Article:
Rachel Salas, a neurologist and expert on sleep disorders at Johns Hopkins Medicine, says, “If sleeping is important, that would suggest that dreaming is important.” (Johns Hopkins Medicine)
Columnist

Michel Stevens of Harpers Ferry, W.Va., has been a chef for more than 35 years. It’s a profession that monopolizes her waking hours. Sometimes it infiltrates her sleeping ones, too.

“I dream up recipes in my sleep,” Michel wrote. “Often my dreamtime recipes come out somewhat better than my waking recipes. My husband, John, thinks I should write a cookbook called ‘Dream On: Adventures in Sleepcooking.’ ”

Over the last few days, I’ve shared stories of how aggravating dreams about work can be. But sometimes good things happen.

“As a computer engineer/programmer for over 40 years, sometimes my work does find its way into my dreams,” wrote Fred Myers of South Bend, Ind. “Occasionally, I’ll work out an approach to solving a problem in a dream, wake up, write it down, and then it actually pans out when I get to work. Very satisfactory.”

Sheri Bellow, a licensed psychologist from Crofton, Md., has had similar experiences.

“I can report that I wrote much of my doctoral dissertation while I slept,” Sheri wrote. “I’d be immersed for hours each day in research and writing, often stopping when I reached a stumbling block, uncertain of what my next step would be. At that point, I was generally exhausted and would sleep, waking later with my first thoughts containing the solution to my quandary. I learned the importance of keeping pen and paper nearby while I slept.”

Sleep: There’s a reason we spend a third of our lives doing it, even if we aren’t sure what that reason is.

“It must be important,” said Rachel Salas, a Johns Hopkins Medicine neurologist who studies sleep and treats sleep disorders. “And if sleeping is important, that would suggest that dreaming is important.”

But scientists aren’t sure exactly why.

“There are a lot of theories out there,” Salas said. “The bottom line is we just don’t know. There is some research suggesting that dreams are the brain processing or getting rid of unwanted memories, kind of consolidating memories as we’re sleeping.”

On a biological level, sleep cleanses the cerebrospinal fluid in which the brain and spinal column bathe. If the fluid doesn’t get cleaned, Salas said, there’s a higher risk for developing Alzheimer’s disease or dementia.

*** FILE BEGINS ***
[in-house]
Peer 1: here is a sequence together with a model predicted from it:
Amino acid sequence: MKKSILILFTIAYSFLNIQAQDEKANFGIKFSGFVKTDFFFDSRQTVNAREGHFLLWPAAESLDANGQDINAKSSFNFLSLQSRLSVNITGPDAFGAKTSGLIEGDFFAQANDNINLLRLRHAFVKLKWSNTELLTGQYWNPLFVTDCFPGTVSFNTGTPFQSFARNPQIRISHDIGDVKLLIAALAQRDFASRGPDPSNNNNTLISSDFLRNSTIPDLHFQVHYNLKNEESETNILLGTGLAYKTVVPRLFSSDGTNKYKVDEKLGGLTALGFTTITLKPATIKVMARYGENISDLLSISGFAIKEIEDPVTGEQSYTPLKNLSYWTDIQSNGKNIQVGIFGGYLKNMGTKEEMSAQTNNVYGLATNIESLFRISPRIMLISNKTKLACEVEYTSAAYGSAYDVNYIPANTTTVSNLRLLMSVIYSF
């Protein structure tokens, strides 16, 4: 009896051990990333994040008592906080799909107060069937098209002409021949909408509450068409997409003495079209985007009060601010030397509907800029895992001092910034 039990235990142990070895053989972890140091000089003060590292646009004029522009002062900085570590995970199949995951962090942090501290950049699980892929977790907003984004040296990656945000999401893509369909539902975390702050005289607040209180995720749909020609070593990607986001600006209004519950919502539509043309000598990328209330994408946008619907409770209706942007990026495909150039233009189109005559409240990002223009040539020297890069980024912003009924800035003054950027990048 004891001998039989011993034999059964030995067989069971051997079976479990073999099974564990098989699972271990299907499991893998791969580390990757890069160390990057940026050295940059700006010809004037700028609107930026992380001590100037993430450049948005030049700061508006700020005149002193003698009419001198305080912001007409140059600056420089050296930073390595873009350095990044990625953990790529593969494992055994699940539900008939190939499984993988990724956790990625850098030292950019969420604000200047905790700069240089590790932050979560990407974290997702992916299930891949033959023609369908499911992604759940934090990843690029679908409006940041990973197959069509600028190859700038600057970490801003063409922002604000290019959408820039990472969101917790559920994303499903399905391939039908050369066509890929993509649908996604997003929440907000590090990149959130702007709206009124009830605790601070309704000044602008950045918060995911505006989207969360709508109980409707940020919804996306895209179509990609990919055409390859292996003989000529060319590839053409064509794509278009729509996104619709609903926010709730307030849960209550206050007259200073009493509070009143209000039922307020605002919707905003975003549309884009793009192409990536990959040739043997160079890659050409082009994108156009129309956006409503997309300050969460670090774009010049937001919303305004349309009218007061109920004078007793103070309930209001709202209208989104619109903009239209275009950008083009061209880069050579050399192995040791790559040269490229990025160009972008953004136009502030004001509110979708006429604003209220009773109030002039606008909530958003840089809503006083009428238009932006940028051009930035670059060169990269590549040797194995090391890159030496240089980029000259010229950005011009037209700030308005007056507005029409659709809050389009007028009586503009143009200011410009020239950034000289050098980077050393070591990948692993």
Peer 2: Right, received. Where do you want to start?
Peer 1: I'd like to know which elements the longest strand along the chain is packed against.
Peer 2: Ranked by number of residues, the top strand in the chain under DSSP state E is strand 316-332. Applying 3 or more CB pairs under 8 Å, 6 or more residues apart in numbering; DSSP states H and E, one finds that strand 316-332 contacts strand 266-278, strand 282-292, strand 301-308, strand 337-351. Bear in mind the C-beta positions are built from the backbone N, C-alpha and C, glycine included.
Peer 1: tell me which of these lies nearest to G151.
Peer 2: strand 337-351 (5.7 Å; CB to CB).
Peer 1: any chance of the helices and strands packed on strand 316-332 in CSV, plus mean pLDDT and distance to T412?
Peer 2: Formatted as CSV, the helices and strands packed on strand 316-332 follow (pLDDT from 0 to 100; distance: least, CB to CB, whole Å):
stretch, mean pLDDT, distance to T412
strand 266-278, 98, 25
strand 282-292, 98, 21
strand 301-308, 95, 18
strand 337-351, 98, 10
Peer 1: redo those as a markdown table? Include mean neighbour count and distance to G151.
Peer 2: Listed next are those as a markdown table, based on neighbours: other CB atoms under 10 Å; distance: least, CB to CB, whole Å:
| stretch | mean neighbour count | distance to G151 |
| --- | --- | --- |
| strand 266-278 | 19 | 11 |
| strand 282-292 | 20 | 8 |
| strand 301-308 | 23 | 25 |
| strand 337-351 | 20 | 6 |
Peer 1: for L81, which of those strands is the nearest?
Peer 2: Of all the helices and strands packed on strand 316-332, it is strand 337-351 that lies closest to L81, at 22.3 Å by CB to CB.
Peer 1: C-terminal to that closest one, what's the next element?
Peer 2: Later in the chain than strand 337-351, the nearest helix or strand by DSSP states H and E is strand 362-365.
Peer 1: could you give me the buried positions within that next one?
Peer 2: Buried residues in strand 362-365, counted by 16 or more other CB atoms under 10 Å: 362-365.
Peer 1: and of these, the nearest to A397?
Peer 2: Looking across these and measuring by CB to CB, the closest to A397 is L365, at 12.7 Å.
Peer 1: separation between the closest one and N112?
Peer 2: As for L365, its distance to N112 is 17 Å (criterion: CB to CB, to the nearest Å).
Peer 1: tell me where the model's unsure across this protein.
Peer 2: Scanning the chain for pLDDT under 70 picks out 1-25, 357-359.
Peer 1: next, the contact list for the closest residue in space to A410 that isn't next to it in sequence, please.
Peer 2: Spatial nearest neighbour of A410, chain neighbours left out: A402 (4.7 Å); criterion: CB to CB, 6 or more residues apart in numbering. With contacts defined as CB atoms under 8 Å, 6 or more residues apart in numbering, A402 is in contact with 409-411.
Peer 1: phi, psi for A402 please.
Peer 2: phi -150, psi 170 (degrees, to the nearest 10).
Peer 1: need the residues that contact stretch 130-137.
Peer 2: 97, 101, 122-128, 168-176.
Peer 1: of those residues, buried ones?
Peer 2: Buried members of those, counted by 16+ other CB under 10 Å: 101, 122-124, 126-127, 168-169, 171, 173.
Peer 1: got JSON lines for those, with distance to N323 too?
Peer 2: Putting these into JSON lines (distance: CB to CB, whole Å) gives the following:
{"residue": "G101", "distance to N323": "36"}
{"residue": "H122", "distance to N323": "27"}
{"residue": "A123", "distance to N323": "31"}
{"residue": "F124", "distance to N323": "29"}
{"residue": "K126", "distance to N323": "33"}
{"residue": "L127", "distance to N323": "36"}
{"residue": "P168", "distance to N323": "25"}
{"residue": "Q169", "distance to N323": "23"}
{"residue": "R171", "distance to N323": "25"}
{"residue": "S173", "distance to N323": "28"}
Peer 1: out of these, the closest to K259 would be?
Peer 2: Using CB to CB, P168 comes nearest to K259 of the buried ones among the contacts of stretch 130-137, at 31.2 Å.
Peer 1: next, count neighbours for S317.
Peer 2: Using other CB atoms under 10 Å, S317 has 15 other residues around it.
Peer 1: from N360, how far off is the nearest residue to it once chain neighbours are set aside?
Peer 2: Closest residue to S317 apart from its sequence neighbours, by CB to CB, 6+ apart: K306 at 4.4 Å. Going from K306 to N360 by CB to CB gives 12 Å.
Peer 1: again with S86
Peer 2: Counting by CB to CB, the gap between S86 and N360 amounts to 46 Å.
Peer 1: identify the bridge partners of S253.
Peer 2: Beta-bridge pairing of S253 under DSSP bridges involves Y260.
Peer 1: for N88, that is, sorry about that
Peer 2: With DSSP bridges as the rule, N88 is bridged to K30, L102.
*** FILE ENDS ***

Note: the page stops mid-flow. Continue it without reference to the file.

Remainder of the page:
Great, another thing to worry about as we try in vain to drift off to sleep.

As for dreams, some scientists think they can play a role in creativity. “There’s some research showing that musicians have been inspired during their dreams and have actually composed music during sleep,” Salas said.

So maybe those job dreams aren’t so bad, though I guess it depends on the job and the dream.

Most of us dream about four to six times a night, even if we don’t remember those dreams when we wake up. Salas said research suggests that dreams about things that happened at work or home, or about people you know, occur during non-REM sleep, the type of sleep that accounts for about 75 percent of our slumber.

REM sleep is a deeper sleep, but one in which the brain goes into overdrive. Brain activity during REM sleep resembles that in a waking brain.

“Bizarre dreams, where we’re flying or talking to an alien and we believe it, those are more likely to be in REM sleep,” Salas said.

REM sleep — characterized by rapid-eye movement and increased heart rate and respiration — is also the setting for an unsettling condition known as REM behavioral sleep disorder.

“These people tend to be older — over 50 — and they start having these very vivid dreams, usually during REM sleep in the early morning, around 4 a.m.,” Salas said. “These people act out their dreams. In normal people our brain is kind of in check, otherwise we would all be acting out our dreams. These people, they lose that. They have violent dreams.”

Salas said one of her patients fractured his clavicle during an episode.

People who suffer from depression or anxiety tend to have higher incidents of nightmares, Salas said. Some patients who have unsettling dreams can benefit from integrative medicine therapies, such as hypnotherapy, meditation and mindfulness.

Dreams may not “mean” anything, except to a Freudian. Even so, Salas said that if a patient comes to her and describes dreams of choking, suffocating or drowning, “that’s actually a red flag in my mind. It could suggest that person maybe is not breathing correctly and may have sleep apnea.”

For the rest of us, work dreams may just be an inevitable, occasional nighttime visitor.

Talking in your sleep

Rachel Salas will be answering sleep-related questions from noon to 1 p.m. Thursday during a Facebook chat. Visit facebook.com/johns.hopkins.medicine.

Bye for now

Here’s what I’m dreaming of: vacation. I’m taking some time off to cleanse my cerebrospinal fluid. Look for me back in this space on July 31. Until then, sweet dreams.

Twitter: @johnkelly

For previous columns, visit washingtonpost.com/johnkelly.